- - Tuesday, August 11, 2015

For environmental regulators, victories take the form of fines or jail time for the sinners, whose efforts to produce what humans find useful are insufficiently tempered by reverence for “the environment”— an imagined perfection of the world before humans. Those regulators must be tormented this week by the knowledge that in their zeal to defend nature they have turned a Colorado river “an opaque orange color reminiscent of boxed mac and cheese.”

Inspecting a closed-down gold mine in Colorado, an Environmental Protection Agency (EPA) team accidentally spilled 3 million gallons of toxic wastewater into the Animas River. Now the orange plume extends more than 100 miles downriver and the agency is warning people to stay away.

“The magnitude of it, you can’t even describe it,” New Mexico Gov. Susana Martinez told a television station in her state, which is downstream of the spill. “It’s like when I flew over the fires, your mind sees something it’s not ready or adjusted to see.”

A normal disaster of this scale would surely result in criminal charges against anybody else. The EPA (and other regulators like the Fish and Wildlife Service) routinely bring criminal charges against individuals or businesses that dump pollutants into the environment or engage in activities that cause harm to wildlife.

The EPA brought at least 91 criminal prosecutions last year, most for violations with far less impact than the Colorado spill. For instance, when an Ohio man removed 82 garbage bags of insulation containing asbestos from an old factory he was dismantling, he did the removal without properly notifying the local environmental services and “there was not on site a person trained in the provisions of the federal asbestos regulations,” according to the Department of Justice.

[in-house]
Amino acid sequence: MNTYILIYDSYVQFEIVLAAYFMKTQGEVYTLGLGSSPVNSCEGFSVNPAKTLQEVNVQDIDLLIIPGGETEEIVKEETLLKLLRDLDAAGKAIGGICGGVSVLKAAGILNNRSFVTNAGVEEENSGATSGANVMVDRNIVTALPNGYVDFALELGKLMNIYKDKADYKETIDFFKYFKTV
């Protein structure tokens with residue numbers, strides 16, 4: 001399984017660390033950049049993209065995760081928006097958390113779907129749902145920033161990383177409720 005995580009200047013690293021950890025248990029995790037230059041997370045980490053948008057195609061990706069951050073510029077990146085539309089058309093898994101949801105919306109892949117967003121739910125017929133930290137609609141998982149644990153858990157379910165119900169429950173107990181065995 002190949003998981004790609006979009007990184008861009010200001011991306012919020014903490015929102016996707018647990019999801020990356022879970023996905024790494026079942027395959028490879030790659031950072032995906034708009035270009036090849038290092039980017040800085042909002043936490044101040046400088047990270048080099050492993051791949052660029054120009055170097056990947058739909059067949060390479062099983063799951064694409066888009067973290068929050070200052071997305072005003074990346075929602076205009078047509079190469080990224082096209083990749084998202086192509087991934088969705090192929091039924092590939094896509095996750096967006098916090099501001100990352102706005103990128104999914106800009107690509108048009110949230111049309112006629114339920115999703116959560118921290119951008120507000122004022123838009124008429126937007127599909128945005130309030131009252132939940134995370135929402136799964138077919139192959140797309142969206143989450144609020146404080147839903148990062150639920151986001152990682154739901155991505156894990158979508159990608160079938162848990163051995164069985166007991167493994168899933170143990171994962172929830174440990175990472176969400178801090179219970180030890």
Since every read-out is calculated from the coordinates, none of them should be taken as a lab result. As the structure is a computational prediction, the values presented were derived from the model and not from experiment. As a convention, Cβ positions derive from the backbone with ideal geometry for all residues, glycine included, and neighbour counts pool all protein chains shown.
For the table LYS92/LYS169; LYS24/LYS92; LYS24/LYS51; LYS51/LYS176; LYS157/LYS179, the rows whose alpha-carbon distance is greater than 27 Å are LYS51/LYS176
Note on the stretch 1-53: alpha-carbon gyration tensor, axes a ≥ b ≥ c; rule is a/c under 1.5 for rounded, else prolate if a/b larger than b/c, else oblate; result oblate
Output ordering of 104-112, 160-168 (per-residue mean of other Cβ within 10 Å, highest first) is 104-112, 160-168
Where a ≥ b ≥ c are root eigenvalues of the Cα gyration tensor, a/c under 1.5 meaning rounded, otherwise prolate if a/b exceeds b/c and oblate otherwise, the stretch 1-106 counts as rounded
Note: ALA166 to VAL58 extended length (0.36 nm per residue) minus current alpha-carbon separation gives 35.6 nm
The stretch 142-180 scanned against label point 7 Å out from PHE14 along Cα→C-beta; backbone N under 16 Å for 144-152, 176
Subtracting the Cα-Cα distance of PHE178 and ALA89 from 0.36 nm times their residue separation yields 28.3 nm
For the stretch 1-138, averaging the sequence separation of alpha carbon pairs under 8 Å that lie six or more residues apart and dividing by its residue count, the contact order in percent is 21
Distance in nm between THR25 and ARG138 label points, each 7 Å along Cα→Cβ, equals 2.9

It probably won’t surprise you that the EPA did not take the matter lightly. “The Defendant oversaw the illegal removal of large quantities of asbestos-containing materials, which were ultimately dumped in three residential areas in Toledo,” said the Special Agent in Charge of U.S. EPA’s criminal enforcement program in Ohio. “This case should serve notice that U.S. EPA and its partner agencies are prepared to prosecute those who ‘cut corners’ by avoiding the costs of handling or disposing of asbestos properly.”

The man was sentenced to one year in prison.

Several years ago, the Fish and Wildlife Service charged oil companies with crimes under the Migratory Bird Act after a small number of birds were found in wastewater reserve pits in North Dakota. None of the birds were endangered, and the charges were so absurd that the judge threw out the case.

Of course, the EPA brings even more serious charges in cases of real environmental disasters (and appropriately so). British Petroleum executives were charged criminally and settled for billions of dollars after the 2010 oil spill in the Gulf of Mexico.

So who will the EPA be charging with crimes for the disaster it caused in Colorado? And from whose budget (and whose salaries) will the cost of cleanup be paid?

If the agency has its way, no one will held responsible, and the taxpayers will pay the bill for this “tragedy.” (When regulators make a mistake, of course, it’s a tragedy. When citizens do, it’s an outrage.)

Congress should hold hearings to establish who was responsible for the spill, and should pass legislation giving the administrator the authority to fire them. Then the Justice Department should bring charges. And Congress should insist the EPA find funding for the cleanup within its own budget. Holding the agency financially accountable for its own disaster would go a long way toward reining in a bureaucracy that is out of control.

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